The JDC Archives Istanbul Collection, documenting JDCs life-saving work from Turkey during and after World War II, is now available online. Browse Collection Highlights here.
This collection, housed in the Jerusalem office of the JDC Archives, comprises over 47,000 pages on 14 microfilm reels and chronicles JDC work in Turkey from 1937-1949. The records testify to JDCs efforts to move the planning of rescue and relief operations to neutral countries such as Turkey. Turkey was strategically located at the crossroads of war-torn Europe and the nascent Jewish state in Palestine. In addition, these records highlight the Istanbul offices partnership with other relief organizations, such as the Jewish Agency, the U.S. War Refugee Board, and the International Red Cross, in rescue operations and in large-scale enterprises to identify and locate survivors during and after the war.
The digitized records include: correspondence with Jewish communities throughout Turkey, Romania, and Palestine; extensive documentation regarding shipments of food packages and other supplies to concentration camps such as Theresienstadt and Bergen-Belsen; cables and news releases; lists of survivors, including thousands of files from the Central Location Index; and eyewitness accounts, including an account of the sinking of the SS Mefkure, a rescue ship traveling from Romania to Palestine, by torpedoes in the Black Sea on August 5, 1944.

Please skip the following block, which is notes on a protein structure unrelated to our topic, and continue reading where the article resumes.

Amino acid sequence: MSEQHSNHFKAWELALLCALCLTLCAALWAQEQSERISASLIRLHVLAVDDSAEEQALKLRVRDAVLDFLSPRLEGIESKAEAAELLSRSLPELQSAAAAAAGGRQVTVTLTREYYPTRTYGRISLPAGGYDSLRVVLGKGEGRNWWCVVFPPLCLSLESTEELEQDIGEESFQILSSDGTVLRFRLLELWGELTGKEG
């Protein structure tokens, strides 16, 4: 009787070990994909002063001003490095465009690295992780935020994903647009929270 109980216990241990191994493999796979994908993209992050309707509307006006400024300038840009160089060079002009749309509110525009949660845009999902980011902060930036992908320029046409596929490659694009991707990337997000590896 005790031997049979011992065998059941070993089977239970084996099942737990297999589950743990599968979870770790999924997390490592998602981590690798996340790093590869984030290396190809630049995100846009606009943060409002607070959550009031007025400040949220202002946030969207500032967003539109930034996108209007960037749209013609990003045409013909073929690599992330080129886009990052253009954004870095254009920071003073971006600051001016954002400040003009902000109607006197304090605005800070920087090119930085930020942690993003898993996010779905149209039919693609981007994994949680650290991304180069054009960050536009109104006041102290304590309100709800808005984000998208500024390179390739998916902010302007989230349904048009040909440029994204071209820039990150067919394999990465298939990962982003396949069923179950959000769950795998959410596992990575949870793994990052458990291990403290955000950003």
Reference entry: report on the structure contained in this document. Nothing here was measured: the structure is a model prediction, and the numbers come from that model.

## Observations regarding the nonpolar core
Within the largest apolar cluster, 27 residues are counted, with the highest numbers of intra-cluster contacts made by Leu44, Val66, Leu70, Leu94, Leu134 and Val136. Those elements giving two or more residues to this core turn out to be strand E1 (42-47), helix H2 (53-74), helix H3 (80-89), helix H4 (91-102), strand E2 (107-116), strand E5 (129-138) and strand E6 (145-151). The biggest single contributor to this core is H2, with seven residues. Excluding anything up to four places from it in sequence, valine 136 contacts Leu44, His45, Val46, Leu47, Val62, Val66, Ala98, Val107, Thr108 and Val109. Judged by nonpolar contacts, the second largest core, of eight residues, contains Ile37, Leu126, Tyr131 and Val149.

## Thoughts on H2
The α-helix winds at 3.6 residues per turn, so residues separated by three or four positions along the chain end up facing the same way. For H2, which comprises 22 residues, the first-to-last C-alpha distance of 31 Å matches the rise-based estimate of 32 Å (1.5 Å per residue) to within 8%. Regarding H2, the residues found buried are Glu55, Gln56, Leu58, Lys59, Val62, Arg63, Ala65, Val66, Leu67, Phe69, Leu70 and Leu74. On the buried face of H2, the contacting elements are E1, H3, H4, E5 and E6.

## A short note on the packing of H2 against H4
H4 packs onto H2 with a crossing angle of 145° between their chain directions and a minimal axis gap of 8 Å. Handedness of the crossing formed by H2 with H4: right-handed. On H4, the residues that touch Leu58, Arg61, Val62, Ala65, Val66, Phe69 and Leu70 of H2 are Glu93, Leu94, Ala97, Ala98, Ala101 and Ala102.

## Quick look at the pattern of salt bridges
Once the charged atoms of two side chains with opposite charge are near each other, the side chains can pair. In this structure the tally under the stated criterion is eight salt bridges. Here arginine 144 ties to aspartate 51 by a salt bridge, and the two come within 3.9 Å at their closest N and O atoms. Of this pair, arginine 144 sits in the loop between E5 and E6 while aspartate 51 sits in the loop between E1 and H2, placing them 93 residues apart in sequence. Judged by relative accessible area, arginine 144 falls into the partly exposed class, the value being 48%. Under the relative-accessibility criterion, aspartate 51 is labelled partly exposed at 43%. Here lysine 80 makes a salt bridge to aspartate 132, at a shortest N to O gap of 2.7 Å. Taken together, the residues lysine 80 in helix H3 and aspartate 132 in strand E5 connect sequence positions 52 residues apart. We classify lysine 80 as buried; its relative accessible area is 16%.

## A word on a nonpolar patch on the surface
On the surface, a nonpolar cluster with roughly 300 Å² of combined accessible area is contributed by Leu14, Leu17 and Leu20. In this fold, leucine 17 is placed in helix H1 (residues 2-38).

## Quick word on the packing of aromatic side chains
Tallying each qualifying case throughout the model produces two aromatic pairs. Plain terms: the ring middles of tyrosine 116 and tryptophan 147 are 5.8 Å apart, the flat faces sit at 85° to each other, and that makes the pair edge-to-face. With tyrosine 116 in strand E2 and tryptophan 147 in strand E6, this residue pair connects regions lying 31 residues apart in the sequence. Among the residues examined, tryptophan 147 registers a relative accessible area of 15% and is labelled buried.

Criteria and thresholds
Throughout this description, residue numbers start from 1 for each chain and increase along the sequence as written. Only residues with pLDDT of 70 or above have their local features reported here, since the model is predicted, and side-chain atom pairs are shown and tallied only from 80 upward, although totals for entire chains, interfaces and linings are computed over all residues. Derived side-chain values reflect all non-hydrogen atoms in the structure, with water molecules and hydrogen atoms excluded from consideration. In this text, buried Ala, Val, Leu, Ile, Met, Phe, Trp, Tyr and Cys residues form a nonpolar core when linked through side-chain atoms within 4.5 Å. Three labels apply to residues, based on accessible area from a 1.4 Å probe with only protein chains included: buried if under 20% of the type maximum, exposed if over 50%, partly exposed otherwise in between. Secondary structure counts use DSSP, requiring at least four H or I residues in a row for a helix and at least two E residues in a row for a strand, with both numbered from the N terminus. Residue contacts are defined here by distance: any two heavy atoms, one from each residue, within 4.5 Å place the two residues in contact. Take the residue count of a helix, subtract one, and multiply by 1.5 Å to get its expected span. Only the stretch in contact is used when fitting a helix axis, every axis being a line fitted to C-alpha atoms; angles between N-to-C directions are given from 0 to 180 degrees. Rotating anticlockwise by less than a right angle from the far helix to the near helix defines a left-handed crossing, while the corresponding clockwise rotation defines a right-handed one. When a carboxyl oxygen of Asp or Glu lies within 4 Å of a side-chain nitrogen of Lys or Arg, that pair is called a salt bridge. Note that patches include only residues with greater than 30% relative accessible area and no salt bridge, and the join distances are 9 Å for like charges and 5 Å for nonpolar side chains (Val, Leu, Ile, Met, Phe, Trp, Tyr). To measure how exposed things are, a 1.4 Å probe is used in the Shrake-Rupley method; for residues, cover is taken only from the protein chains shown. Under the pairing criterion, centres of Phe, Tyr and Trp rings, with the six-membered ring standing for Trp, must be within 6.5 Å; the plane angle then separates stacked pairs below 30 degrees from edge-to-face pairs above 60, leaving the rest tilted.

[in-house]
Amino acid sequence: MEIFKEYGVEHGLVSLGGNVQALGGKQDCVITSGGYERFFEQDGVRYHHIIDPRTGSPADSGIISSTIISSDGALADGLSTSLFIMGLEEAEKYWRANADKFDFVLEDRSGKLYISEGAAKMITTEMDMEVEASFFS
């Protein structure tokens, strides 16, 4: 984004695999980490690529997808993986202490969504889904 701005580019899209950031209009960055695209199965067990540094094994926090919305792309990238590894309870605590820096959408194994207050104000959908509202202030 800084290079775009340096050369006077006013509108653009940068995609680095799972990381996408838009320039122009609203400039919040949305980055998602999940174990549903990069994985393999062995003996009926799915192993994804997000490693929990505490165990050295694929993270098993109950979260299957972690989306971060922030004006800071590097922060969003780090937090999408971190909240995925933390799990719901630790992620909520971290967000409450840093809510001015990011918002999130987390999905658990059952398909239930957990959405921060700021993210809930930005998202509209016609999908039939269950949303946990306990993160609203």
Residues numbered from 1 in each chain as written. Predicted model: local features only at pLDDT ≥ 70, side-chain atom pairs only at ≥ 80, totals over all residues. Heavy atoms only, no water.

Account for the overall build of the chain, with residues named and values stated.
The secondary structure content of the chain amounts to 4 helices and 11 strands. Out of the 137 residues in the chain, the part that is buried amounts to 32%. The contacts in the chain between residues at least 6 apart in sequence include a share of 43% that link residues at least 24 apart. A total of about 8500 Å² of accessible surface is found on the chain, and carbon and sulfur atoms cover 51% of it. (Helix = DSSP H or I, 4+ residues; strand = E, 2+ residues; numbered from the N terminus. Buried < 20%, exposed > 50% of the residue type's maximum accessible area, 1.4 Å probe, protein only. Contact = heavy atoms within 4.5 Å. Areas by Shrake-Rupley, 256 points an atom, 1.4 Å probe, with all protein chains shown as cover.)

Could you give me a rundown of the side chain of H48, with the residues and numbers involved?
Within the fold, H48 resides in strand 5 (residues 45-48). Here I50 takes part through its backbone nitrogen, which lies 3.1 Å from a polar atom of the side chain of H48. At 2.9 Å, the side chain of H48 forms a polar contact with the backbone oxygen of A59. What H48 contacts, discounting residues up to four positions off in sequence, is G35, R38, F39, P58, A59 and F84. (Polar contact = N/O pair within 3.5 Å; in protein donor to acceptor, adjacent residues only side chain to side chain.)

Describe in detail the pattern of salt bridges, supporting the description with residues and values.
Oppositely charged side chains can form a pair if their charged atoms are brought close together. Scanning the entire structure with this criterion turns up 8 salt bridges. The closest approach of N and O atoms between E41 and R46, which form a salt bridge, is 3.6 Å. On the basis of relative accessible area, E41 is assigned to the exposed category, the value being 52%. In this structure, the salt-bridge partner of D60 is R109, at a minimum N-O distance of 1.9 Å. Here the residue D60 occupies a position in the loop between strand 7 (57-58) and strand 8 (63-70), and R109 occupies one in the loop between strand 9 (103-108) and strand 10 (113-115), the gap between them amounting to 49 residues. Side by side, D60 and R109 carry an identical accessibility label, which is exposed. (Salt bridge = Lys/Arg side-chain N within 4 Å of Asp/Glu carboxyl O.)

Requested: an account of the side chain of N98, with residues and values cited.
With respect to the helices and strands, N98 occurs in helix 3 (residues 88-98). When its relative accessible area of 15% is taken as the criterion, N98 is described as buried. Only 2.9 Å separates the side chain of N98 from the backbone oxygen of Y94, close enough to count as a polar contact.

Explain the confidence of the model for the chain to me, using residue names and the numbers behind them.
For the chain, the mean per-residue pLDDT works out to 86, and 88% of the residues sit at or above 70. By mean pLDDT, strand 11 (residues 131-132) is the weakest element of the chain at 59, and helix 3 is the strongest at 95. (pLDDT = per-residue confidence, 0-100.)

Other items and topics of interest include:
- A postcard sent by Rabbi Leo Baeck, the renowned German scholar, from Theresienstadt acknowledging receipt of a JDC care package;
- The preparation of 10,000 food parcels sent to Transnistria and Bucharest;
- The extensive support for refugees passing through Turkey en route to Palestine and to passengers on the SS Drottingholm, a rescue ship used for repatriation of civilians and prisoners of war;
- Wartime testimonies;
- Correspondence regarding Joel Brands and Rudolf Kasztners negotiations with Nazi officials in an attempt to save Hungarian Jews from deportation to Auschwitz.
Access the Istanbul Collection here!